Ten common Nottinghamshire moths by month
The number of moths flying during February, is augmented in March by an increasing number of emerging early Spring species and by now, chosing ten most likely moths to be recorded is becoming slightly more difficult.

Consequently, it will now be a good idea to refer to the moths listed for the previous and following months as the year progresses.

The following selection of moths is based on those most likely to turn up at moth traps operated in suburban habitats. Running any MV light trap in deciduous woodland, will obviously provide a much wider range of species.

Below are the ten species most likely to be seen in Nottinghamshire during the month, followed by some moths which are often recorded during the day. Remember that there are potentially more species which can be trapped, than are shown here.
70.237 .... B&F 1917 .... Early Thorn Selenia dentaria (Fabricius, 1775)
Status .....Relatively common at most sites, including urban areas. There are two broods, with moths from both broods having quite different underside markings.
70.245 .... B&F 1663 .... March Moth Alsophila aescularia ([Denis & Schiffermüller], 1775)
Status .....Flies early in the year and is certainly common at both Eakring and Sherwood Forest, but is certainly more widespread and found at most woodland sites. Will occur in suburban areas.
70.270 .... B&F 1947 .... Engrailed Ectropis crepuscularia (Goeze, 1781) .... Formerly known as Ectropis bistortata
Status .....Probably quite common over most of Nottinghamshire, although there are few records from the Trent Valley among the records we have available to us.
73.069 .... B&F 2243 .... Early Grey Xylocampa areola (Esper, 1789)
Status .....Quite common over much of Nottinghamshire, but rare (just about annual) at Sherwood Forest, which is probably due to lack of larval foodplant across most of the area. Will occur at MV light traps run in urban and suburban areas.
73.202 .... B&F 2237 .... Grey Shoulder-knot Lithophane ornitopus (Dadd, 1911)
Status .....First recorded in Nottinghamshire during 2003. Two records from Eakring in September of that year, were the second and third county records. Recorded twice more at Eakring in 2004 (including one on the trunk of a tree at Eakring Flash, between November 27th and December 31st 2004) with another record coming in March 2005. Now very firmly established and widespread in Nottinghamshire and probably still increasing. Regularly encountered on tree trunks during the Autumn months.
73.210 .... B&F 2256 .... Satellite Eupsilia transversa (Hufnagel, 1766)
Status .....Common at Eakring and throughout the Sherwood Forest NNR. Most records are from the northern-half of the county.
73.241 .... B&F 2179 .... Pine Beauty Panolis flammea ([Denis & Schiffermüller], 1775)
Status .....Regular to MV light at several Sherwood Forest sites. Should be expected to occur near any area of Pines and should be much more widespread in Nottinghamshire than the distribution map suggests. Comes to light, even in urban locations.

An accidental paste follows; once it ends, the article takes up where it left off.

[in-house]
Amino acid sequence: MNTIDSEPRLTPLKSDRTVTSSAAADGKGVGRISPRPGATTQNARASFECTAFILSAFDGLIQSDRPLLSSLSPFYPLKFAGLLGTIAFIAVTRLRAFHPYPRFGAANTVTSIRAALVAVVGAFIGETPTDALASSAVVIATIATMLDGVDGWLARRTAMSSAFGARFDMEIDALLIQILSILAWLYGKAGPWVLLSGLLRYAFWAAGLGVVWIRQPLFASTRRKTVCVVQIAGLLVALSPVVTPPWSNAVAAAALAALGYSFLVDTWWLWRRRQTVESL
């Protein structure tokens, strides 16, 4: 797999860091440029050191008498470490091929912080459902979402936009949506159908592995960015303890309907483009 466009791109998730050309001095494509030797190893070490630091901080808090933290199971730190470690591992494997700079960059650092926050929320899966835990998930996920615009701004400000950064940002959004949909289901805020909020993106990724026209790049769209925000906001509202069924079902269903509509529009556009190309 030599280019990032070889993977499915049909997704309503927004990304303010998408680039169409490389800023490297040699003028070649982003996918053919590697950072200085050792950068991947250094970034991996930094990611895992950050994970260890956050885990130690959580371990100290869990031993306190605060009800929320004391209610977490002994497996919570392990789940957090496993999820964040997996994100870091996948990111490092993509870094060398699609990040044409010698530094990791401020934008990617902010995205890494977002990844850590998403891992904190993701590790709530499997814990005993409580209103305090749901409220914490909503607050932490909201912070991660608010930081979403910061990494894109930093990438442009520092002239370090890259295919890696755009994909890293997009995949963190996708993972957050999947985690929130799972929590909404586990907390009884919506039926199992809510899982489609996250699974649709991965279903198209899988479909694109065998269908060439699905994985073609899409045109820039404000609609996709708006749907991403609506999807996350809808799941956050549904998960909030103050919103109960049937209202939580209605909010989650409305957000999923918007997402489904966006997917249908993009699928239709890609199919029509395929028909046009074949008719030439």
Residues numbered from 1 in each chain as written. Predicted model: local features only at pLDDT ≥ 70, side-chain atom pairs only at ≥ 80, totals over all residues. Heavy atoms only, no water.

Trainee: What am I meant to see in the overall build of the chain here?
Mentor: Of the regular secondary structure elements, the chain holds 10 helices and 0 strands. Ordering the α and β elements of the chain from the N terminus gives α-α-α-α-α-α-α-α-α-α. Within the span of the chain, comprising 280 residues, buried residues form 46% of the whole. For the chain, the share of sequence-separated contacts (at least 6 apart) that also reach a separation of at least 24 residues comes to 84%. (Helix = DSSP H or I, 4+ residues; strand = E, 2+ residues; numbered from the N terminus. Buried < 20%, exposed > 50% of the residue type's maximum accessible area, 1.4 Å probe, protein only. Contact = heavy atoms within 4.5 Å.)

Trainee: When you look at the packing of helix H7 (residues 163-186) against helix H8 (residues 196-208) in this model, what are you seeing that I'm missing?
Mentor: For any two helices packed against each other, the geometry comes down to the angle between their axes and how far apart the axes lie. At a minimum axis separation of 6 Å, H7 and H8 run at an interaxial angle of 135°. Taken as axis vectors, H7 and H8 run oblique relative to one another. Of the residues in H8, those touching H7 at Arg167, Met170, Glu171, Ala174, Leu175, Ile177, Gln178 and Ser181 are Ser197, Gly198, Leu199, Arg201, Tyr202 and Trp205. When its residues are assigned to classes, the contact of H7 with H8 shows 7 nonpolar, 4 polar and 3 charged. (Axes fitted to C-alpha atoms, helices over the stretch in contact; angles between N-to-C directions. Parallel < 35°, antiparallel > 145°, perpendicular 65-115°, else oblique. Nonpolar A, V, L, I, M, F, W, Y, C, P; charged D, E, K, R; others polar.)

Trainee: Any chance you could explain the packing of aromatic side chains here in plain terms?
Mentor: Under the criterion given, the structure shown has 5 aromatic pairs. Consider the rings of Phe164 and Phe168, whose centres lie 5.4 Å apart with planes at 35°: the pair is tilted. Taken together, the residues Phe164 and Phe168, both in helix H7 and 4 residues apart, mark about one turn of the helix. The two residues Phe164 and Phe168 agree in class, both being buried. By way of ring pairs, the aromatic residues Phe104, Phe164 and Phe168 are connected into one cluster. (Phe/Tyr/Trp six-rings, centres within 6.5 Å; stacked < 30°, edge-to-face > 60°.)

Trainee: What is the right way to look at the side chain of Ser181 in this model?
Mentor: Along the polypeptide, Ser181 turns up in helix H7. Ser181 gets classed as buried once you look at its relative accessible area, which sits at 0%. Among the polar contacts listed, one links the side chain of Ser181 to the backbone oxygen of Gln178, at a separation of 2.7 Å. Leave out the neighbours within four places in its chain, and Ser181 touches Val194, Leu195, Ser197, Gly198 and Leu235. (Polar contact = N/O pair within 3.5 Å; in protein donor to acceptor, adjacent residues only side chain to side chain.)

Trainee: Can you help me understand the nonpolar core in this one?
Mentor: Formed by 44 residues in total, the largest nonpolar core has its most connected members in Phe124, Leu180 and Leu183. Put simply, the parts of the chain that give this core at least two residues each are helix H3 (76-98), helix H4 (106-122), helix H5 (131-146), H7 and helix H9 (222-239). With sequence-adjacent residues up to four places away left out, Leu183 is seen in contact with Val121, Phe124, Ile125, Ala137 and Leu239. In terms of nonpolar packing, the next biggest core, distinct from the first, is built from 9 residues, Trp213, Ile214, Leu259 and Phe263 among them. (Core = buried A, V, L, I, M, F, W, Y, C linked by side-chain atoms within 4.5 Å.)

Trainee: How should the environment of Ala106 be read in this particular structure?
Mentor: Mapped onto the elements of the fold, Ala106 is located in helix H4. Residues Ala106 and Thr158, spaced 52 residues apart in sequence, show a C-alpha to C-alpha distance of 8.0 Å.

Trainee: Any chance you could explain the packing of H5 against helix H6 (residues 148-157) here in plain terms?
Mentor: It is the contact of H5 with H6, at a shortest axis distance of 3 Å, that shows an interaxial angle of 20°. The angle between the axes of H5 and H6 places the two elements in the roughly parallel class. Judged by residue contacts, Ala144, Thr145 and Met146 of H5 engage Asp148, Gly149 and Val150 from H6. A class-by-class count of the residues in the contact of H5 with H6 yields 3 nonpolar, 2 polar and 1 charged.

73.242 .... B&F 2188 .... Clouded Drab Orthosia incerta (Hufnagel, 1766)
Status .....Common, with a similar Nottinghamshire range as Common Quaker, with the two species both flying early in the year. There are few records from the Trent Valley area.
73.244 .... B&F 2187 .... Common Quaker Orthosia cerasi (Fabricius, 1775)
Status .....Very common and probably found in all parts of Nottinghamshire, including urban areas. This is certainly a common moth at Sherwood Forest, where large numbers are attracted to MV light.
73.249 .... B&F 2190 .... Hebrew Character Orthosia gothica (Linnaeus, 1758)
Status .....Common and found in most parts of the county, although not well recorded from south-eastern areas of Nottinghamshire.
Can't find your moth? Some other moths often recorded at MV light during March
The following moths are also likely to occur during the month, although some may be more habitat specific and less likely to be recorded from suburban gardens. The number of potential species is much higher than the total shown here.

15.010 Caloptilia stigmatella

17.011 Ypsolopha ustella

21.001 Lyonetia clerkella

29.001 Diurnea fagella


32.001 Semioscopis avellanella

32.018 Agonopterix heracliana

32.031 Agonopterix alstromeriana

44.001 Alucita hexadactyla


49.080 Acleris hastiana

65.016 Yellow Horned

70.103 Water Carpet

70.202 Early Tooth-striped


70.251 Oak Beauty

71.011 Lunar Marbled Brown

73.194 Chestnut

73.245 Small Quaker


73.250 Twin-spotted Quaker

74.004 Least Black Arches

Common moths often recorded during the day
The following moths are often encountered during daylight hours during March, either resting on fences, tree trunks etc. The Orange Underwing is purely a day-flying species, often seen fluttering around the tops of Silver Birch.

2.001 Dyseriocrania subpurpurella

45.010 Amblyptilia acanthadactyla

45.044 Emmelina monodactyla

70.203 Orange Underwing

A beginners guide to moths and moth trapping
Orthosia (Quaker) moth identification